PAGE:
Suspected John Wayne Gacy Victim Actually Alive, Reunited with FamilyS

A man thought to have been a victim of the killer clown, serial killer and rapist John Wayne Gacy, was just found very much alive in Montana, thanks to his sister who never stopped searching for him in the 40 years since he went missing.

ABC has the incredible story of how a determined sister found her brother nearly 42 years after his disappearance. Robert Hutton was last heard from in 1972 when he left New York for California. His sister Edyth was 24 at the time.

Hutton never made it to California, leading his family to believe that he could have encountered the clown serial killer somewhere near Chicago.

His sister was devastated but she never gave up searching.

In the '90s, Edyth turned to the internet and tracked down more than 500 Robert, Rob and Bob Huttons. She mailed them postcards that ended, "If this is not you, please forgive the intrusion and disregard this card."

In 2011, a detective trying to identify the last eight unclaimed Gacy victims met with Edyth, but soon figured out that her brother had up until recently lived in Colorado. But he had since moved, and no one seemed to know where.

That detective, Jason Moran of the Cook County Sheriff's Office, felt compelled to follow through once he learned Edyth's father was dying of cancer.

"I've been meeting with these families of missing persons, and … even after 30 or 40 years — they just have this sadness about them, like, 'Where is my missing child?'" Moran told ABC.

So, he found Hutton living in a small, rural Montana town. He called the local police station and had an officer dispatched to Hutton's house, where he told Hutton the story over the phone. Hutton was apparently amazed to hear they'd been looking for him.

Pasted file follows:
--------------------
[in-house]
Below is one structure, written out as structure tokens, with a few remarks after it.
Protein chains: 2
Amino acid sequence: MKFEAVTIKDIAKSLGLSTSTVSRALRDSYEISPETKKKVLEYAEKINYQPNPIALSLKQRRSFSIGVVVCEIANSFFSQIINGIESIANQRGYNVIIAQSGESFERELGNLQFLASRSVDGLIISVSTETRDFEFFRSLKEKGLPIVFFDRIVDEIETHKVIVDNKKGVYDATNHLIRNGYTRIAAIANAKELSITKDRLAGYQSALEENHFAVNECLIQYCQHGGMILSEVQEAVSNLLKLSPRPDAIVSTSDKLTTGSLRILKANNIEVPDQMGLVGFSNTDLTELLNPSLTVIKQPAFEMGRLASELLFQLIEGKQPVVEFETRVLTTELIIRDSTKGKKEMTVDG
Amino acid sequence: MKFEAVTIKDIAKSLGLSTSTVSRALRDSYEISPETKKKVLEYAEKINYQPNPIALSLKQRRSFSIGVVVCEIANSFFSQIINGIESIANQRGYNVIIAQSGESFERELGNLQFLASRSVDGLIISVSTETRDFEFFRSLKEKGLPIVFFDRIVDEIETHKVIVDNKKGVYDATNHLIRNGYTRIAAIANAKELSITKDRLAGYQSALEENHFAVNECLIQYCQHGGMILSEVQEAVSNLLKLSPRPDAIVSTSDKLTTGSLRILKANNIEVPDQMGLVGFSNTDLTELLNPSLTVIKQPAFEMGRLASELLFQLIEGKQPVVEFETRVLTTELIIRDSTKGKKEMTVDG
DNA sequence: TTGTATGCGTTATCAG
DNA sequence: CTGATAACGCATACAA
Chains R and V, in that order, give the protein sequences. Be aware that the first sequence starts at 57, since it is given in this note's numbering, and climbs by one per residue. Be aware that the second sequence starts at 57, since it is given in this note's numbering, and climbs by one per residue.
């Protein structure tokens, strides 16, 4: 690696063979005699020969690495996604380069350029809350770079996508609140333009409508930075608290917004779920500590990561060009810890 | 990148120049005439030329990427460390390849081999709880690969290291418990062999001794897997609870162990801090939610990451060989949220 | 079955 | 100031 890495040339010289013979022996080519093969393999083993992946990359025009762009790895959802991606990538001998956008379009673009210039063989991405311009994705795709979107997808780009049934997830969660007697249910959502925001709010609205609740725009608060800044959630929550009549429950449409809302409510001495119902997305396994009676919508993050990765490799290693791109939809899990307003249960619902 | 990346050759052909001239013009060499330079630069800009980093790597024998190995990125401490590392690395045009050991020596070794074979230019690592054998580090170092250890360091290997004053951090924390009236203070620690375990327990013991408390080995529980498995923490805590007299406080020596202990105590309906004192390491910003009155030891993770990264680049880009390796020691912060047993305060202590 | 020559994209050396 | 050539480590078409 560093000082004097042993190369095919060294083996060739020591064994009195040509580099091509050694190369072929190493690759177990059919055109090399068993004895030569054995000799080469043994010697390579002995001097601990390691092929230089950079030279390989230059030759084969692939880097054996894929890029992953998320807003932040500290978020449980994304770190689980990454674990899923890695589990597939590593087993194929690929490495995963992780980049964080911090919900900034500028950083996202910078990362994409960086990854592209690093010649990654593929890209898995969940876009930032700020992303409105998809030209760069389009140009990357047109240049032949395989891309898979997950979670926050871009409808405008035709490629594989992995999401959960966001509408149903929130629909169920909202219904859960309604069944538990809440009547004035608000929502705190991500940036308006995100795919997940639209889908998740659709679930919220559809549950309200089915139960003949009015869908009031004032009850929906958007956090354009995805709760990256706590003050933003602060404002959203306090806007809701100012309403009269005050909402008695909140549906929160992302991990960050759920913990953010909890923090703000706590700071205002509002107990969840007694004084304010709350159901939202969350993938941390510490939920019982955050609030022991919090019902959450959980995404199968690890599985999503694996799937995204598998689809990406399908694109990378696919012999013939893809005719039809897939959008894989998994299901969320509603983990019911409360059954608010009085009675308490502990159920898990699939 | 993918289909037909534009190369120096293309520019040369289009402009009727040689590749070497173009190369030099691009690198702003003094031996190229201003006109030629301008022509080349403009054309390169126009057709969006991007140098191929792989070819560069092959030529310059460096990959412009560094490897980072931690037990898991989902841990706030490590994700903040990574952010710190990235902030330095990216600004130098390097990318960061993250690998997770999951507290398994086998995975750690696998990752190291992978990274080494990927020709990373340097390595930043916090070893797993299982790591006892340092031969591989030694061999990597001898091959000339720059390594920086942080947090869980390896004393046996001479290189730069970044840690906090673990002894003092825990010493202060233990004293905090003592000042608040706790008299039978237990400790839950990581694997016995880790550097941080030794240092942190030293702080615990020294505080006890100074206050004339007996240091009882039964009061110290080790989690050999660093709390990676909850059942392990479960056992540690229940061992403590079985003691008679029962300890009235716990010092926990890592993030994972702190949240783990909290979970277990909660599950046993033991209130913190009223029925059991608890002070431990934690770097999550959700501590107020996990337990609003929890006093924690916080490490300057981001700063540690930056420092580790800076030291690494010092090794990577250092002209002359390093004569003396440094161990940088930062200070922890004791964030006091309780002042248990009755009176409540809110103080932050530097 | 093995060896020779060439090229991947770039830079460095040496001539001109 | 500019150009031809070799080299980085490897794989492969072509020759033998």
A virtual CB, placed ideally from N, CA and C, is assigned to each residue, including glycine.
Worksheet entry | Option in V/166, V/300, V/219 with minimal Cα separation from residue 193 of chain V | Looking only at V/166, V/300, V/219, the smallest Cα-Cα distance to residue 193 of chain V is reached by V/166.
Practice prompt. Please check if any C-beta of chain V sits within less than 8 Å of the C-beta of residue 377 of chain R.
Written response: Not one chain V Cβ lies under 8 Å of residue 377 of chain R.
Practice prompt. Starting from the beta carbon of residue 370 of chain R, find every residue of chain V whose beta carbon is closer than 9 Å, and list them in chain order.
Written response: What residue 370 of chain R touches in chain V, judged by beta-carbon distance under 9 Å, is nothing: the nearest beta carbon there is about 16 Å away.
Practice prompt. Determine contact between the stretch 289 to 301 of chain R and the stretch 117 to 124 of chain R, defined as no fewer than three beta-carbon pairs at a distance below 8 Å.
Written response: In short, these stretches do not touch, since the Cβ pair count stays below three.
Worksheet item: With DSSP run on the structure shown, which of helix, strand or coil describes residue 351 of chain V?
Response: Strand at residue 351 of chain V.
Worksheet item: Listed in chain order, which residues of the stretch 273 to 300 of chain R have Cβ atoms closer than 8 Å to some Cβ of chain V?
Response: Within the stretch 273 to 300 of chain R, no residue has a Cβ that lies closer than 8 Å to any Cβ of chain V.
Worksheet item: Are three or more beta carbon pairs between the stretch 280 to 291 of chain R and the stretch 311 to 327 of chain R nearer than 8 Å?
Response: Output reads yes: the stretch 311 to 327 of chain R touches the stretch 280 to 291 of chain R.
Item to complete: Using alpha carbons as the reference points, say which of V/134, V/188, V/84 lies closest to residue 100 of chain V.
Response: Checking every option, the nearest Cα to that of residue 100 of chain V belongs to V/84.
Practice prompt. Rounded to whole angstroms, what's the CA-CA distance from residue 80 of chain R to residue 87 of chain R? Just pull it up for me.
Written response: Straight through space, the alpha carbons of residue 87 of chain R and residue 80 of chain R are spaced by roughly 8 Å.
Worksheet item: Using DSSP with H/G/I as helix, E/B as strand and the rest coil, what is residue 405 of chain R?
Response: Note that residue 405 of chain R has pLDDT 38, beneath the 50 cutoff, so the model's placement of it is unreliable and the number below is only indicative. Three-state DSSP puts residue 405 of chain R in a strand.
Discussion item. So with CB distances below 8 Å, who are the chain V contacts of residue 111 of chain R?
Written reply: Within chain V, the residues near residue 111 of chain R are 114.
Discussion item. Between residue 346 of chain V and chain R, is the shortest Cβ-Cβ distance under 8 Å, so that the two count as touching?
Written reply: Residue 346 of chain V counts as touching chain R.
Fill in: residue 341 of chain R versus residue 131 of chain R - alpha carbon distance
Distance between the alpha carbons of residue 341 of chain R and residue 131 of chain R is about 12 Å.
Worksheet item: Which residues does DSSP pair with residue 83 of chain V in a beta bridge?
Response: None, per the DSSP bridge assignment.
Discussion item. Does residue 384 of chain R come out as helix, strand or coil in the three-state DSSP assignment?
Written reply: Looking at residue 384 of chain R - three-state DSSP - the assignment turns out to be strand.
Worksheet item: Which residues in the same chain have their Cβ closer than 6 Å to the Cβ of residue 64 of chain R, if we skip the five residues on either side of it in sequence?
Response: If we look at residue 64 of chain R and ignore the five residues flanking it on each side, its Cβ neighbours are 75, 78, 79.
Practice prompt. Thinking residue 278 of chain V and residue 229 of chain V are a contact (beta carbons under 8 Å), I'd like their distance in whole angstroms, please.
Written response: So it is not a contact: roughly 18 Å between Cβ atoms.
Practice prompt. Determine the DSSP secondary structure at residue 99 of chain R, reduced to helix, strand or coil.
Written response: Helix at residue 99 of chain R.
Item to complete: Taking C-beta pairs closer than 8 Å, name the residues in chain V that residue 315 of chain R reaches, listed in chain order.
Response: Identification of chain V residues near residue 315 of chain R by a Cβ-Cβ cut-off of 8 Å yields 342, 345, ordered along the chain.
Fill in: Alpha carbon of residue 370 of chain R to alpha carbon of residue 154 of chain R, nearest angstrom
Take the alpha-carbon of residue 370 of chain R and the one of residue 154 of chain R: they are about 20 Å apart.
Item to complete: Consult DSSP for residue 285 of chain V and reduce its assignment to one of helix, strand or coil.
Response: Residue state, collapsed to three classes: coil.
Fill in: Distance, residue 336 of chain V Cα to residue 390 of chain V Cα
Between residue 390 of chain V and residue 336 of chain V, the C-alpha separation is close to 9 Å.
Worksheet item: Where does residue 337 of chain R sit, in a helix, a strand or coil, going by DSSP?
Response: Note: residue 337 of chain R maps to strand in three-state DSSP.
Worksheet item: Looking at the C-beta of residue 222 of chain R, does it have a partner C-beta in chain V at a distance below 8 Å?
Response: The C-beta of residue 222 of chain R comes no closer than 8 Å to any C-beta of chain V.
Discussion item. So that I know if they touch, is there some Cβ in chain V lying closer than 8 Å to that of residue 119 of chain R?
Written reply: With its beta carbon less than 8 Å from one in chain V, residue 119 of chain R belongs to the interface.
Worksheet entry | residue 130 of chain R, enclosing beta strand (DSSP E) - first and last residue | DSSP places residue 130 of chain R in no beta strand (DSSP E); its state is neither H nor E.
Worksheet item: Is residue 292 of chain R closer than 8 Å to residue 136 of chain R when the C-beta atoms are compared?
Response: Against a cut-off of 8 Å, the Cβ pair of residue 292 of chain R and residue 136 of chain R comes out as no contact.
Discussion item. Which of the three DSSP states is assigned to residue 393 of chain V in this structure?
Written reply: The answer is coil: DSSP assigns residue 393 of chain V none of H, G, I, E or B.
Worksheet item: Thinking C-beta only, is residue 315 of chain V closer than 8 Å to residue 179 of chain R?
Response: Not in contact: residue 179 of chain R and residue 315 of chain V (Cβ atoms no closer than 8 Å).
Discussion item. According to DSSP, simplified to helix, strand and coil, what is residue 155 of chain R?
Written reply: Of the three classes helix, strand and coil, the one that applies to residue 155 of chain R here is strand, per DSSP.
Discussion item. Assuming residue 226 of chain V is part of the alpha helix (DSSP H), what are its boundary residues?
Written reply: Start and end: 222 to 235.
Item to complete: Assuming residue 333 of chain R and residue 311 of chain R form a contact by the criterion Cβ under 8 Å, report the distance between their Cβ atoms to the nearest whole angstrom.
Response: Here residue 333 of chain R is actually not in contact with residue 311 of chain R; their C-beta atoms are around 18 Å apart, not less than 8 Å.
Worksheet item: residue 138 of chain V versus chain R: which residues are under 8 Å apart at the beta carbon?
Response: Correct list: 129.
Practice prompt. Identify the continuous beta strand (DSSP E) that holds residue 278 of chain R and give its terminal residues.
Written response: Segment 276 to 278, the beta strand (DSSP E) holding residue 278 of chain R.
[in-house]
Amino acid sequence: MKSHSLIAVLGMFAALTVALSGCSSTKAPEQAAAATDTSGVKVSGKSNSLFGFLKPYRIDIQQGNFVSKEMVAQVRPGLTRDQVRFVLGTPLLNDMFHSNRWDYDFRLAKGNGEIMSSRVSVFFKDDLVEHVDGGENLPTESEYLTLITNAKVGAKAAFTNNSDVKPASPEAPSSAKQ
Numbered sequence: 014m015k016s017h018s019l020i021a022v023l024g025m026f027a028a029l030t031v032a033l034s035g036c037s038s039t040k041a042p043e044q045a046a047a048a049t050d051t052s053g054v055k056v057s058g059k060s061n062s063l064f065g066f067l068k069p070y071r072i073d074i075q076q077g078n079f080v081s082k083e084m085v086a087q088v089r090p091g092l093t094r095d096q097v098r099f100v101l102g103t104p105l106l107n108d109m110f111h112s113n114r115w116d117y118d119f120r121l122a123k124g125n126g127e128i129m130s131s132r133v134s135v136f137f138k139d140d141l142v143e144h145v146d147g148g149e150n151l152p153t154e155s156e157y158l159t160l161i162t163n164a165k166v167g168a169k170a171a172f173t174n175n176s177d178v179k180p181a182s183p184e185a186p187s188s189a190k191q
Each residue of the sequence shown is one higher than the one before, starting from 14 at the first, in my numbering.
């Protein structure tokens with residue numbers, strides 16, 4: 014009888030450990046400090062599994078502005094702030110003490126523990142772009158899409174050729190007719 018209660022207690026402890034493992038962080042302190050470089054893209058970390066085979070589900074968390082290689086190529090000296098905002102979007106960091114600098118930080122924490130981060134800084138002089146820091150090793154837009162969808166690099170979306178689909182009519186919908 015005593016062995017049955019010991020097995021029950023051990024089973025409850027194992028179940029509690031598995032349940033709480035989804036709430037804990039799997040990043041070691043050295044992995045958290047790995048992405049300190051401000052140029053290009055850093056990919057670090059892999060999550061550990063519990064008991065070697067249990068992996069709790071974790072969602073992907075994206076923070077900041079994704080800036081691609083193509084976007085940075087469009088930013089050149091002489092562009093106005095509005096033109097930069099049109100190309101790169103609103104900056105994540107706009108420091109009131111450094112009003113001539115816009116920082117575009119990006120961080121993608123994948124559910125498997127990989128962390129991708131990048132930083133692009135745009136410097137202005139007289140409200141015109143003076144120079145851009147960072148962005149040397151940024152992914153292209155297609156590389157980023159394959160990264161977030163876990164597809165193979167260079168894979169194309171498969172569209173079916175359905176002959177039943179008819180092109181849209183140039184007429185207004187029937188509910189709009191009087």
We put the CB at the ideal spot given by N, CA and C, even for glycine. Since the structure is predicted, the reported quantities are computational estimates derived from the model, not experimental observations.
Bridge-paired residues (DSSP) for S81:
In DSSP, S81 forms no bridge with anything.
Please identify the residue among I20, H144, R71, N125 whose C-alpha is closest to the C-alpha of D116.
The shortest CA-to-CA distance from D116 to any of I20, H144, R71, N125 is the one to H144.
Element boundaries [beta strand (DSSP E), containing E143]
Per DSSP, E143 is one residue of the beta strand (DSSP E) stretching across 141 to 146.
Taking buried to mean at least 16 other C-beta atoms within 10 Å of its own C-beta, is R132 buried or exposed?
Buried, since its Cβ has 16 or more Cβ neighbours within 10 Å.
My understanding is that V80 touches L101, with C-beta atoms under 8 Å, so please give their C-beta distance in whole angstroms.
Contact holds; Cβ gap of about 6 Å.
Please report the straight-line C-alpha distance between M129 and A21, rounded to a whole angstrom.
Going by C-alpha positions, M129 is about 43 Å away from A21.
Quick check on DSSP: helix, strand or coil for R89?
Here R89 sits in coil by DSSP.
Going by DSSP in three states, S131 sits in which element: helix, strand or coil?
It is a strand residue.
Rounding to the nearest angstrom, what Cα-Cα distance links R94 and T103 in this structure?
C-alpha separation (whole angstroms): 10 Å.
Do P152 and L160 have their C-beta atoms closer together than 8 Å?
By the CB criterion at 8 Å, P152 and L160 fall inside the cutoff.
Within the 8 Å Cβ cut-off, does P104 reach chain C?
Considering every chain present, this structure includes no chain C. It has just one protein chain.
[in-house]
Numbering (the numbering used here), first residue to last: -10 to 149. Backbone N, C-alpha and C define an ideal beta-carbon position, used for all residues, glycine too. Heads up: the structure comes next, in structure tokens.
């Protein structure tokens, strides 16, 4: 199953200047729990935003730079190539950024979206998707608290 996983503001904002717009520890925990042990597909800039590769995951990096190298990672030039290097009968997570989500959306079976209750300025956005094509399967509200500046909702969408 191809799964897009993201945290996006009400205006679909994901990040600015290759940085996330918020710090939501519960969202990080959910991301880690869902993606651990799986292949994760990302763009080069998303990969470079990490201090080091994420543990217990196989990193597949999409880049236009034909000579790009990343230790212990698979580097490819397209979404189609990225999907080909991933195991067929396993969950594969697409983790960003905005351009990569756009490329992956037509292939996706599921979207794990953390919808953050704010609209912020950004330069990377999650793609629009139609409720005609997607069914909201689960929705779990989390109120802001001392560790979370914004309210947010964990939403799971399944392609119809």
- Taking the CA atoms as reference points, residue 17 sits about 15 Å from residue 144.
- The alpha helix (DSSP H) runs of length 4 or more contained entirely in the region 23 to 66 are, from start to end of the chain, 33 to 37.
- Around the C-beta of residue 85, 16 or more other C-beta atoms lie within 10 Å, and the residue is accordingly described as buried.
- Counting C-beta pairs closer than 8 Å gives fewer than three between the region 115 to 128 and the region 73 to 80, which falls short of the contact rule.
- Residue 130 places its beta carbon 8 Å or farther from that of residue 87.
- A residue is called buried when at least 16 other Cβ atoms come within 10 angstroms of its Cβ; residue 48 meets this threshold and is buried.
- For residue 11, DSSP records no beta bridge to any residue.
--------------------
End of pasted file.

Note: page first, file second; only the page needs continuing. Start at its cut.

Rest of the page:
"I got a call from [Moran], and he said, 'Edyth, are you sitting down?'" Edyth told ABC. "And my heart was pounding. I said, 'Yes, I am. Do you have some info for me?' He said, 'I do.' And very quickly he said, 'I found your brother and he's alive and well.' And [it] was just like a hole that I had not known the size of in my heart was filled. … It was fabulous news. I was crying and laughing at the same time."

Hutton told ABC that his disappearance was due to neglect — he spent years drifting through the Southwest with no fixed address, tried halfheartedly to find his family in the '90s and then spiraled out looking for work after the 2008 market crash.

"And, you know, procrastination is my middle name," he told ABC. "It just kind of happened that we got out of touch, and then when we tried to get in touch we had no contact [information]."

Hutton and his father have already been reunited, but he and Edyth haven't seen each other yet — they say Hutton's work hours and financial difficulties are currently keeping them apart.

But according to ABC, they speak every week.

"We will see each other as soon as we can. We know that," Edyth told ABC.

[image via AP]